This pattern was first published maybe 7 years ago. It's been around a while for sure and it seems to crop up often during Linda Lee's FB live programs. The reason is that it is a great little tee shirt pattern, a perfect layering piece.
I've just finished two versions. I think there will be many more in the future, especially with variations in sleeves, necklines, and lengths.
The shaping at the waist is a nice feminine touch, I think. And the curved hemline also adds to that. This is a downloaded that I sent off to pdfprinting.com.
I had a little trouble determining the size to make. The instructions do not include recommended sizes based on bust measurements as I expected. But I found a table on their web site with finished measurements. Based on this information and the amount of ease I wanted, I chose size 1.5.
For my first one, I used a navy and white striped fabric from stash, most likely rayon jersey, quite stretchy. I just love these striped knits for summer. I made my standard 3/8" forward shoulder adjustment but otherwise cut it straight off my traced pattern tissue.
I think the neckline is a little high on this first one. It seemed too long to me, so I shortened it by 2". I chalked two inches onto the pieces and cut it off the bottom, retaining the original curve.
For the second version, I used white organic cotton knit from Alabama Chanin. This knit does not have an enormous amount of stretch so I used 3/8" side seams. That worked great, I think. I also cut down the neckline by 1/2" all the way around. That feels better than the original high neckline. So now I need to remember to go back and cut that off of the pattern tissue.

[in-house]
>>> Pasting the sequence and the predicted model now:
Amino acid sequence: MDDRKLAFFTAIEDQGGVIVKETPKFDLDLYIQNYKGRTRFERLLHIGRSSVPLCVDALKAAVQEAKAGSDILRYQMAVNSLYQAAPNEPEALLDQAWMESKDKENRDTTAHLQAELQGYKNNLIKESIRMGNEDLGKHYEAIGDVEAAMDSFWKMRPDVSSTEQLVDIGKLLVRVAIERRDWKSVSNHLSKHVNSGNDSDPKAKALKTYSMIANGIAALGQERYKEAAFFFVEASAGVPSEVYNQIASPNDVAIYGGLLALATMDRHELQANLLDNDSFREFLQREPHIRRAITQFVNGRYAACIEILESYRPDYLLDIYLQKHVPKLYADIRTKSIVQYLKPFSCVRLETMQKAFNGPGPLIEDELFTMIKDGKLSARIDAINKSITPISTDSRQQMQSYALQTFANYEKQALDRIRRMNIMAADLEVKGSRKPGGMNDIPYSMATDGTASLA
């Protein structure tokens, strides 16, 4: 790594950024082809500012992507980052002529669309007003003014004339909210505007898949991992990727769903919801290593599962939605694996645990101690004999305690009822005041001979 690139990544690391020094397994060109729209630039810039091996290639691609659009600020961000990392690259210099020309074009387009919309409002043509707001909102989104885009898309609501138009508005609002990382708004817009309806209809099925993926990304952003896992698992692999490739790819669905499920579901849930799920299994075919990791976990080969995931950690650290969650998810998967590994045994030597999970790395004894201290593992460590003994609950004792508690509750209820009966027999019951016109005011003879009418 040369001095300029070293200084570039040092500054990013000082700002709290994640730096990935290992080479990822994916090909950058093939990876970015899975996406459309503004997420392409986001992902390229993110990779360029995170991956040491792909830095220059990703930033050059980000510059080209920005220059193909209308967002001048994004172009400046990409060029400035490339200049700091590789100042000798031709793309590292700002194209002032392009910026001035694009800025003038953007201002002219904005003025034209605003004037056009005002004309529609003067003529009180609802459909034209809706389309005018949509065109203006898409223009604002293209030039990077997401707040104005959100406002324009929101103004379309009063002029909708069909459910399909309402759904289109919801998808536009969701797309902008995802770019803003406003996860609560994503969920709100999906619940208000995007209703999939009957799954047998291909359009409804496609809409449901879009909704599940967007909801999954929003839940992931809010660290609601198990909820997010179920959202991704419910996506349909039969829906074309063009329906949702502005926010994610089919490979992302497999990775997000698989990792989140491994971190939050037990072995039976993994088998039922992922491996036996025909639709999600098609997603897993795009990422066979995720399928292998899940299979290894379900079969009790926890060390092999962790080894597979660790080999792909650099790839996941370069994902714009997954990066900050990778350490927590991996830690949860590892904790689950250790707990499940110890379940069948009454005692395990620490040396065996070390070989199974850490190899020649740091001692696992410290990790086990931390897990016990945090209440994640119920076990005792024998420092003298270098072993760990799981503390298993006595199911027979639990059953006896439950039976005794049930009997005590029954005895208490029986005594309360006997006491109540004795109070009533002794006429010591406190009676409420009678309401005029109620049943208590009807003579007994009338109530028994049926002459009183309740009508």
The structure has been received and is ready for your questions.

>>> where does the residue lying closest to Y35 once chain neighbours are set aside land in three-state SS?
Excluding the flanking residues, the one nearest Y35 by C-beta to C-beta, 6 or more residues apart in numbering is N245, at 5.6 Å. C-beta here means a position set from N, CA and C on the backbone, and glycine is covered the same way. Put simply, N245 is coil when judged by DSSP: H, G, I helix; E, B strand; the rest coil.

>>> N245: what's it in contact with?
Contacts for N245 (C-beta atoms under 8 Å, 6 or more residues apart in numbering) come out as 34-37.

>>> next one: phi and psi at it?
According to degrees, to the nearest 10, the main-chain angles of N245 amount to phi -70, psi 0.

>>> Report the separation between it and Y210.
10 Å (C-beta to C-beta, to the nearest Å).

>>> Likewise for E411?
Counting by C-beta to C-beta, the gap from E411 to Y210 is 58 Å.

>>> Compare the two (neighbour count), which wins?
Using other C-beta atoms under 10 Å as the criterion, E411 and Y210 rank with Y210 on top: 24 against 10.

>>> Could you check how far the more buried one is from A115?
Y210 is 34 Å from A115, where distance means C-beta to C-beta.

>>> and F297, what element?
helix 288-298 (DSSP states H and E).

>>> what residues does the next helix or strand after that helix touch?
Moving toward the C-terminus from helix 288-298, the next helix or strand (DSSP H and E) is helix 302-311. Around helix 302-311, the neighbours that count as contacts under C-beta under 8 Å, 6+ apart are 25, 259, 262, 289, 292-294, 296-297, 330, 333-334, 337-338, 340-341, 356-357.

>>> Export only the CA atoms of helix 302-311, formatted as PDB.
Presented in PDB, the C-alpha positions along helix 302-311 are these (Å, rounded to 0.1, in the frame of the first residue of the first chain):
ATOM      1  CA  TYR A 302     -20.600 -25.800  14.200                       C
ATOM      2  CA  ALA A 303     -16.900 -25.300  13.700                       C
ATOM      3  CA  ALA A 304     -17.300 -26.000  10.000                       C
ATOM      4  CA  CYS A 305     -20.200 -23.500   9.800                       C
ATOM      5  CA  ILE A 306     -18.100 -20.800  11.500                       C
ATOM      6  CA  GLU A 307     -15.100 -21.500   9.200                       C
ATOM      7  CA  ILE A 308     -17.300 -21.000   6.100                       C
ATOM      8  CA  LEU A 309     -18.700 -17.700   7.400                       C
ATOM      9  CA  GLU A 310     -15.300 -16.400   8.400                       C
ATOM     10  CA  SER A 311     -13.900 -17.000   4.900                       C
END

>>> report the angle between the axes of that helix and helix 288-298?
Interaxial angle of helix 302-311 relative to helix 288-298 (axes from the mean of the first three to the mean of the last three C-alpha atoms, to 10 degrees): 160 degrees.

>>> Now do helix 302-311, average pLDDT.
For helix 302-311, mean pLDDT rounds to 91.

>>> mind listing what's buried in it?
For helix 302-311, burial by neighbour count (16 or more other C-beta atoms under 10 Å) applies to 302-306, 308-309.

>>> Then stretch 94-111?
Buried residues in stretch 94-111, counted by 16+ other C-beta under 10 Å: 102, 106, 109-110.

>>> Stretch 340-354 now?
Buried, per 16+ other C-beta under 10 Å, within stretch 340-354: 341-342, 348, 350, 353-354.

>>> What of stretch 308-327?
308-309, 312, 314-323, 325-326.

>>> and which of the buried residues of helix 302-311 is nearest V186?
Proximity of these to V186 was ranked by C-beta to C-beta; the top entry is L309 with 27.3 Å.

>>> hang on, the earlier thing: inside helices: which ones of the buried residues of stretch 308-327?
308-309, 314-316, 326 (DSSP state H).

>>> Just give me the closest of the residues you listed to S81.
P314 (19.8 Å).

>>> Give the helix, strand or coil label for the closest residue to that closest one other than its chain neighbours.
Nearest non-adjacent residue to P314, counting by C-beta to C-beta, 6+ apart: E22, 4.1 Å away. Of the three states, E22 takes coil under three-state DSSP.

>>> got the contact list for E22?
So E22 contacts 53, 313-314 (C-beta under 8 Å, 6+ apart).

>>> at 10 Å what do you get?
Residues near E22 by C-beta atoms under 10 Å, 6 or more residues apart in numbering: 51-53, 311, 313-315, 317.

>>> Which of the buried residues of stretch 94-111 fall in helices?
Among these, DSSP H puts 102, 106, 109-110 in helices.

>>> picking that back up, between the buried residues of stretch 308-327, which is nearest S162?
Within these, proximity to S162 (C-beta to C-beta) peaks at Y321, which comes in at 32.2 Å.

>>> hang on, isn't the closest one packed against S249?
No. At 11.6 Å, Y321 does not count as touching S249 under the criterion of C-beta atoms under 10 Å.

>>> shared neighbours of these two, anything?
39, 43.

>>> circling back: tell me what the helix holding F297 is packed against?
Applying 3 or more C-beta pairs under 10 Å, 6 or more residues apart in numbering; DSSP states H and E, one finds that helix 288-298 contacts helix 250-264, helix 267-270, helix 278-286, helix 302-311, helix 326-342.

In order to shorten it, I folded the pattern tissue at the waistline.
The pattern comes with basic short sleeves. I made no changes there for either version.
The white one is not too exciting but just what I've needed to fill a hole in the wardrobe. And I love the feel of that organic cotton knit.
These were quick makes and fed my creative soul. Just what I needed. I was not in a hurry and still completed the two in two days starting with tracing the pattern tissue!
I've been battling a little project for a friend. Maybe you're familiar with the scenario. I said maybe, then yes, when I should have just passed along a recommendation for a professional tailor!
It seemed like it would be so easy to adjust!
1. The straps were too long.
2. The skirt was too long.
3. The bodice gaped at the armpit.
It was easy to fix the straps. But not so much for the other items.
There were 3 layers to the skirt. And the outer layer was a wispy sheer skirt cut on the bias. I finally tamed that when I located some fusible thread in stash. That saved me! I put it in the bobbin and stitch around the circumference about 1/2" from the shortened edge.
Then I ironed the hem along the stitched line - this activated the fusible stuff and created a nice crisp edge. Then I trimmed the excess 1/4" or so, folded it again and machine stitched a baby hem. Then I hung it up.
The 2 under layers were more cooperative and easy to hem. However, after the dress hung on my dress-form over night, the underlayers were quite a bit longer than the sheer outer layer of skirt! I cut the underlayers again and aligned it all as best I could. It looks OK, I think.
The bodice gave me the majority of my heartburn. The upper seam on the bodice slants fairly dramatically as it approaches center back. Overlapping the side seams to close the gap created a jagged edge. I could have trued it up but worried that cutting off the excess in the front would leave her too exposed.
My next and final step was to run a tiny piece of elastic along the upper edge (inside the bodice) to draw it up.
And it was of course 100% polyester and so I had to do all my pressing with a silk pressing cloth. Not easy!
Lastly I gave her the name of a tailor who may be able to adjust the bodice correctly for her. Lesson learned. I hope!